Bush Beats Johnson: Comparing the Presidents
by Stephen Slivinski, Director of Budget Studies, Cato Institute
Revised data released during the summer by the
Congressional Budget Office (CBO) provide analysts the
ability to make side-by-side comparisons of the spending
habits of each president during the last 40 years.
All presidents presided over net increases in spending overall,
though some were bigger spenders than others. As it turns
out, George W. Bush is one of the biggest spenders of
them all. In fact, he is an even bigger spender than
Lyndon B. Johnson in terms of discretionary spending.
Comparing the Presidents
The increase in discretionary spendingóthat is, all
nonentitlement programsóin Bushís first term was 48.5
percent in nominal terms. Thatís more than twice as large
as the increase in discretionary spending during Clintonís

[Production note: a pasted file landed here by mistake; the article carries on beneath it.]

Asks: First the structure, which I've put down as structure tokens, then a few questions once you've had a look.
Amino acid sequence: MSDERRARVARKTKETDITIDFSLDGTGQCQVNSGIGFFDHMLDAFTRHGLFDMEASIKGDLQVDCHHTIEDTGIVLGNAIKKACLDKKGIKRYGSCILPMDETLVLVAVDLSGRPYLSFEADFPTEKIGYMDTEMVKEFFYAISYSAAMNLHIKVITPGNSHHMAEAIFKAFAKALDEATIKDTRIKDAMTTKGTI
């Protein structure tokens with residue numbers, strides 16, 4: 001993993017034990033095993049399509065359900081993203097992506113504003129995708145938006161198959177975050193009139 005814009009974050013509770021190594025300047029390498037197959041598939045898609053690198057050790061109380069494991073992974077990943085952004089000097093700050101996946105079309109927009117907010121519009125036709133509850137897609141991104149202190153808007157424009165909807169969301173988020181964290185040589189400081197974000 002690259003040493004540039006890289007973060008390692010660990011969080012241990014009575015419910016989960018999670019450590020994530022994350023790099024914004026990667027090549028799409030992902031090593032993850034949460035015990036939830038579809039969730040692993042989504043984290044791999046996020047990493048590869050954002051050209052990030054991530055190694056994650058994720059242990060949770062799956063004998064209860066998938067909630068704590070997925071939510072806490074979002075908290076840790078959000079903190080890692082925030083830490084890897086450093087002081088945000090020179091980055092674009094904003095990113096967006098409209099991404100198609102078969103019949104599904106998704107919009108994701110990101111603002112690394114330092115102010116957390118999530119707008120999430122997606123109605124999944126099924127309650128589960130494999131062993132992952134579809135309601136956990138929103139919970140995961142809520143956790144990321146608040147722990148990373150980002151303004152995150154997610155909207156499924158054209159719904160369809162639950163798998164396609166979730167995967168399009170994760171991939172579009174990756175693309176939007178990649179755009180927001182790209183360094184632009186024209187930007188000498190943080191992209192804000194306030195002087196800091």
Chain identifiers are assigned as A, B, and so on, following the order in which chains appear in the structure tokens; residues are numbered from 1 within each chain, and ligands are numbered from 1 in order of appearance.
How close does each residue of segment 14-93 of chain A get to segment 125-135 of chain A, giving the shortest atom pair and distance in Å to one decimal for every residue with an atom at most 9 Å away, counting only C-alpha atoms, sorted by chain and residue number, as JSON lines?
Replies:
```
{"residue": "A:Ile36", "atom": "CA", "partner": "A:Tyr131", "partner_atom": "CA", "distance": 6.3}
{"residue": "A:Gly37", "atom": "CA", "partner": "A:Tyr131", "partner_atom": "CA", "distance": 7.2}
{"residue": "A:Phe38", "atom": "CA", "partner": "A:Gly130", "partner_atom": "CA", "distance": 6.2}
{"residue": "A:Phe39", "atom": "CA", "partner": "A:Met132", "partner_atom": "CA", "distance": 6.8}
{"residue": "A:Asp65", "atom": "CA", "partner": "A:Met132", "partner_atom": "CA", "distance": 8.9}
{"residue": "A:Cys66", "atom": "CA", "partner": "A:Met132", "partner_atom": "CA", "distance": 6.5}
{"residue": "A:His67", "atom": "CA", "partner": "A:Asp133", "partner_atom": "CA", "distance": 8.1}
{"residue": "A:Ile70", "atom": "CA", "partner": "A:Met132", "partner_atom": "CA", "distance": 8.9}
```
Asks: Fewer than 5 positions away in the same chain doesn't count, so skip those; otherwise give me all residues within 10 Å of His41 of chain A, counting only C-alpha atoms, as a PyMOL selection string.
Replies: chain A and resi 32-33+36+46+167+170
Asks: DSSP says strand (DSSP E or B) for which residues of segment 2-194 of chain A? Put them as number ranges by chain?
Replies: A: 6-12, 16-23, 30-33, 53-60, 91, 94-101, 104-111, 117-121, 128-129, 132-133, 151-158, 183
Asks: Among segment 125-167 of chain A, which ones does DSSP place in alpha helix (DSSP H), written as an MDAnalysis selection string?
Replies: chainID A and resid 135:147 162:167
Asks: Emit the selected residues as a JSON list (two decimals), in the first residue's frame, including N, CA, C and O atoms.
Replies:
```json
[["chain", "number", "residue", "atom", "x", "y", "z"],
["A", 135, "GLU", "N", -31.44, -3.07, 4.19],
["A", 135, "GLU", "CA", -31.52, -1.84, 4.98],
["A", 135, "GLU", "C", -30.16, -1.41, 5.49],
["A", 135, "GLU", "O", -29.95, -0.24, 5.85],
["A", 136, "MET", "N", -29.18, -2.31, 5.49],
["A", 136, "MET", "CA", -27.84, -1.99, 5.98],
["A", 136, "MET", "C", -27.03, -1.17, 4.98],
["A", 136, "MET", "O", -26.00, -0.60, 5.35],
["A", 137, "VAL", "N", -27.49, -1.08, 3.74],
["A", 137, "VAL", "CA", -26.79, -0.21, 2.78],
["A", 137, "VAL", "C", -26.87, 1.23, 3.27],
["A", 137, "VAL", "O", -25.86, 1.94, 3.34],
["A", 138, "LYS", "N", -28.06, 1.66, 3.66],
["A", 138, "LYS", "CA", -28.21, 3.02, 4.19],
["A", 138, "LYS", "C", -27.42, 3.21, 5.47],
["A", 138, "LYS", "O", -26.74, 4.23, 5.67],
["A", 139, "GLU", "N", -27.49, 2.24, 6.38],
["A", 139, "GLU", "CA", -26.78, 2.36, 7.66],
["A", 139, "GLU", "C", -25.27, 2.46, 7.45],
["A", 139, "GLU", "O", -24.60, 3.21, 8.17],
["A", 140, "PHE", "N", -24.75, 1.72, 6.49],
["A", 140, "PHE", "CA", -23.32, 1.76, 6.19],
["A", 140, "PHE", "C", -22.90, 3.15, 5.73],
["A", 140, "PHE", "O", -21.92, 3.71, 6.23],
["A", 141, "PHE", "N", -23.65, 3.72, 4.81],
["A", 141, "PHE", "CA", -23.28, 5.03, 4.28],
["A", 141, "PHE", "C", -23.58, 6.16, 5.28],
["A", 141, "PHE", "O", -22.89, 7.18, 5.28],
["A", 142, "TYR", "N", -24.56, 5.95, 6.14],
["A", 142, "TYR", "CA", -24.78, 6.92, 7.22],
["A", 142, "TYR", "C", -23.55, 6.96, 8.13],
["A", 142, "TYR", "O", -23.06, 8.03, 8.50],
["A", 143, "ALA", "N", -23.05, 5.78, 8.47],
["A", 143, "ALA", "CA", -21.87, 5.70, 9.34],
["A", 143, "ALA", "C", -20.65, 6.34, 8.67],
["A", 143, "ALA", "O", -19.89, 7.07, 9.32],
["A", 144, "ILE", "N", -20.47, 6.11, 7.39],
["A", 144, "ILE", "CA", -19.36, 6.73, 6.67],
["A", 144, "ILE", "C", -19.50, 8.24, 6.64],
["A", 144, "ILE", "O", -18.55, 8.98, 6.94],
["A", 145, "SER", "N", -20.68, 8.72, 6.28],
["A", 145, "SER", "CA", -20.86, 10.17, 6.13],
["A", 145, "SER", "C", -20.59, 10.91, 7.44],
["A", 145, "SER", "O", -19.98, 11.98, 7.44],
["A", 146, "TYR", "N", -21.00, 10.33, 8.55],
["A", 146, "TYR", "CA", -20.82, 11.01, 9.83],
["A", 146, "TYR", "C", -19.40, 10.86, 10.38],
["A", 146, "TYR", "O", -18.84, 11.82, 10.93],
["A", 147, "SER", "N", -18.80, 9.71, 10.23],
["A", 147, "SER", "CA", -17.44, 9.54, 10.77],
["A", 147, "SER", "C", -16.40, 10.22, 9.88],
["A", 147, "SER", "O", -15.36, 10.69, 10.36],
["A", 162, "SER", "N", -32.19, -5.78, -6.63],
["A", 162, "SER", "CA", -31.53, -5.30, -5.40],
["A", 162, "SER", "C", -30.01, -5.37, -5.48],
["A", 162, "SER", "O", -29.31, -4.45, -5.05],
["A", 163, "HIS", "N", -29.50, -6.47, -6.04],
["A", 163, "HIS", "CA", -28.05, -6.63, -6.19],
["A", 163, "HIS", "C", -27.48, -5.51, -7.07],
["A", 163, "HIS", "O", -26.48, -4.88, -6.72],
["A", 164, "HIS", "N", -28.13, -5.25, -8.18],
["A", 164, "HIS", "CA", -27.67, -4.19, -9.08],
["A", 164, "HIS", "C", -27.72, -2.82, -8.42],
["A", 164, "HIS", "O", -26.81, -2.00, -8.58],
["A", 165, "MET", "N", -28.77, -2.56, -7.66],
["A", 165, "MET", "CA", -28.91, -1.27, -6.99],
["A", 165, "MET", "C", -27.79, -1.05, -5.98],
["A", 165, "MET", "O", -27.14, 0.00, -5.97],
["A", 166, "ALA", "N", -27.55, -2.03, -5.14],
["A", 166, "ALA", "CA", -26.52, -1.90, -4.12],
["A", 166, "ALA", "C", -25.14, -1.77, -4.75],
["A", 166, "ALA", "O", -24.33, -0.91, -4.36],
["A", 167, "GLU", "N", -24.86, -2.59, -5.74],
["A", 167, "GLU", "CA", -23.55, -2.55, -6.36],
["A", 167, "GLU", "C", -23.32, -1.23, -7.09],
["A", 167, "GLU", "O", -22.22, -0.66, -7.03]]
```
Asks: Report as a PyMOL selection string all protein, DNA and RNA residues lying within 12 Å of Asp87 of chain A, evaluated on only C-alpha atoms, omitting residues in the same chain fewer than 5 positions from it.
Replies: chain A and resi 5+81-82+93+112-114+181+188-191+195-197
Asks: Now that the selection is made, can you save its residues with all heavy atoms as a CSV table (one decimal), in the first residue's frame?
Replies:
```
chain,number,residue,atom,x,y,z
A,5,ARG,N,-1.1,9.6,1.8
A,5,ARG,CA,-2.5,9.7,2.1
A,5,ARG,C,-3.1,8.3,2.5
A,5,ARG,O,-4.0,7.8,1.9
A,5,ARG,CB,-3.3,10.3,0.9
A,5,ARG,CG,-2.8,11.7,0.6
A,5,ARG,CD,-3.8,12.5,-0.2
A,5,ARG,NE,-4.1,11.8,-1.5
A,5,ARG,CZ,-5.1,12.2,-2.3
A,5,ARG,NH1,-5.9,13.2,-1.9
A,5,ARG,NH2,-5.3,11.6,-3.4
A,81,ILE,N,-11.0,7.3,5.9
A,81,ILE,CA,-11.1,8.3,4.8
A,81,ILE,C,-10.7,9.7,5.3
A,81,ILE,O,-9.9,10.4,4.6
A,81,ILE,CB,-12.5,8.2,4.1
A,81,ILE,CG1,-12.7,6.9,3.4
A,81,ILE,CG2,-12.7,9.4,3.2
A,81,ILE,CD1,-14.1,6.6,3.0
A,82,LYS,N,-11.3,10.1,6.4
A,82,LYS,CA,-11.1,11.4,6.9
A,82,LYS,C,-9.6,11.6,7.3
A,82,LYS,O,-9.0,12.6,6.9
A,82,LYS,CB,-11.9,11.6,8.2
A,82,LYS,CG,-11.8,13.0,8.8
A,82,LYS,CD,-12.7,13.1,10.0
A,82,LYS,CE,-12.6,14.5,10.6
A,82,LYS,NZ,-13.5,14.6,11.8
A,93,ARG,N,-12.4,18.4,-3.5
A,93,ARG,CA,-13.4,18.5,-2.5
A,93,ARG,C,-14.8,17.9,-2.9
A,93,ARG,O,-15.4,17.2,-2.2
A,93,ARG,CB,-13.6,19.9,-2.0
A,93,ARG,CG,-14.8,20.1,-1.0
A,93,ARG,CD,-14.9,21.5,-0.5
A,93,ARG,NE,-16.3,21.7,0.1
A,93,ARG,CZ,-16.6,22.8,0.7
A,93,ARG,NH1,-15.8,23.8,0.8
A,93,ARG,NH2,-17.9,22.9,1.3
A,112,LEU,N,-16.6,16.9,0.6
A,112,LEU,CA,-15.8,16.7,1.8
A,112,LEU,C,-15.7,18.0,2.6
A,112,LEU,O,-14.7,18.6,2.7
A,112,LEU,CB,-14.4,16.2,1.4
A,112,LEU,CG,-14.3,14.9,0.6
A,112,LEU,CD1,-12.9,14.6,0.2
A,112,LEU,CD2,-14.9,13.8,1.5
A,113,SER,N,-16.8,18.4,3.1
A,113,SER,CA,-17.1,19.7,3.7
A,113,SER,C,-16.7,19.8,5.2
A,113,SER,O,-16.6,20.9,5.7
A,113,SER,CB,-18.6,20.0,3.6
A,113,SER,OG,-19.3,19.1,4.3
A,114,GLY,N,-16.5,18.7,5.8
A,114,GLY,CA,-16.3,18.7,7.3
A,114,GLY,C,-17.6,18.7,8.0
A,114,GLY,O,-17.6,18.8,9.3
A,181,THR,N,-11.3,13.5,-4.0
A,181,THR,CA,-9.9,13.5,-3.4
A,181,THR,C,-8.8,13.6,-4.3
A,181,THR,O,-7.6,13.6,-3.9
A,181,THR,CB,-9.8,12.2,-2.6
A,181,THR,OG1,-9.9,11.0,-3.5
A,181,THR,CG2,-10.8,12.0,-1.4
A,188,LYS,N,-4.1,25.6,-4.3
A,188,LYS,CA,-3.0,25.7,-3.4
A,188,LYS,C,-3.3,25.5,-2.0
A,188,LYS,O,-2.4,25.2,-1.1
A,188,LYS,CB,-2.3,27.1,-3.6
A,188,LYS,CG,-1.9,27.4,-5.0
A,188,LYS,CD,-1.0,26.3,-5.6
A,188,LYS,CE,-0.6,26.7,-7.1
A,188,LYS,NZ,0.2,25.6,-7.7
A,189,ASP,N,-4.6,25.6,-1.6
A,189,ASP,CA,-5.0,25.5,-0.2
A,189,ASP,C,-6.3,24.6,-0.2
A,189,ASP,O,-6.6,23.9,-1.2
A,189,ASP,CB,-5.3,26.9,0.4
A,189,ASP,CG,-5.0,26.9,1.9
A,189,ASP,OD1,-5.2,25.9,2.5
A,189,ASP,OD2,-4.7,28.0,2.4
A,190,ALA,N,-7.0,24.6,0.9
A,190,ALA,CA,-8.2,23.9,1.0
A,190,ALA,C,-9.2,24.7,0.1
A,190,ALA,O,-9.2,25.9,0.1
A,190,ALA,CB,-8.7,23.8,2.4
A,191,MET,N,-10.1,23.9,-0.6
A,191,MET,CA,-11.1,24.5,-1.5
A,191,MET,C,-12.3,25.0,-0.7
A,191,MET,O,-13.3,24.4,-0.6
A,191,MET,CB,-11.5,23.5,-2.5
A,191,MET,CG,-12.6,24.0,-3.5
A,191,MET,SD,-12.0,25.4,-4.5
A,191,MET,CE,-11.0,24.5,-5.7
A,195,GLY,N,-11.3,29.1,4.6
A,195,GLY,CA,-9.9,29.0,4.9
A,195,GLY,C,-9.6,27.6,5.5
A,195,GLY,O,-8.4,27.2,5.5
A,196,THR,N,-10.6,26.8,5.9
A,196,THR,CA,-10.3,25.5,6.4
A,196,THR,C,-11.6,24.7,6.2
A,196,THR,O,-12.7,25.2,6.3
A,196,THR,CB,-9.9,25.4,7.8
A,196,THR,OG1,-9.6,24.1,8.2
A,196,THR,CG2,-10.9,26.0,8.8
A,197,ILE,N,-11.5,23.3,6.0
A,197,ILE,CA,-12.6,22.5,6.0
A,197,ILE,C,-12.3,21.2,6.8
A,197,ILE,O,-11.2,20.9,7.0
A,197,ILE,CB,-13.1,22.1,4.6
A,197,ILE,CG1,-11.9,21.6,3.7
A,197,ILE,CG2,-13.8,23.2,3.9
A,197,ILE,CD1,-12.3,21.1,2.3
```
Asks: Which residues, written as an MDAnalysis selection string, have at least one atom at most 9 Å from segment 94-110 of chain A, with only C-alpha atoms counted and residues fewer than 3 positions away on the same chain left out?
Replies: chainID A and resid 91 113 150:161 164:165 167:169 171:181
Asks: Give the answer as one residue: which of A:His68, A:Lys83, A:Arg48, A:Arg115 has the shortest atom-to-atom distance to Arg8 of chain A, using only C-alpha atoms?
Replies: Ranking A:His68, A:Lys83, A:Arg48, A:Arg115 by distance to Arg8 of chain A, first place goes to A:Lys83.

entire two terms (21.6 percent), and just higher than
Lyndon Johnsonís entire discretionary spending spree
A more accurate comparison accounts for how long
each president served in office and adjusts for inflation.
To adjust for the varying tenures of each president, growth
rates in average annual terms should be used for ranking
The results of adjusting the budget trends for inflation
and the length of time in office are shown in the figure to
the right. It compares the top five biggest spending
presidents in terms of nonentitlement spending.
Bushís record looks even worse by this standard. His
spending rate is much higher than Lyndon Johnsonís. In
other words, Bush has expanded federal nonentitlement
programs in his first term almost twice as fast each year as
Lyndon Johnson did during his entire presidency.
Explaining the Growth
Johnsonís discretionary spending spree was mainly a
result of increased military spending during the war in
Vietnam. However, Johnson also increased spending on
nondefense programs substantially.
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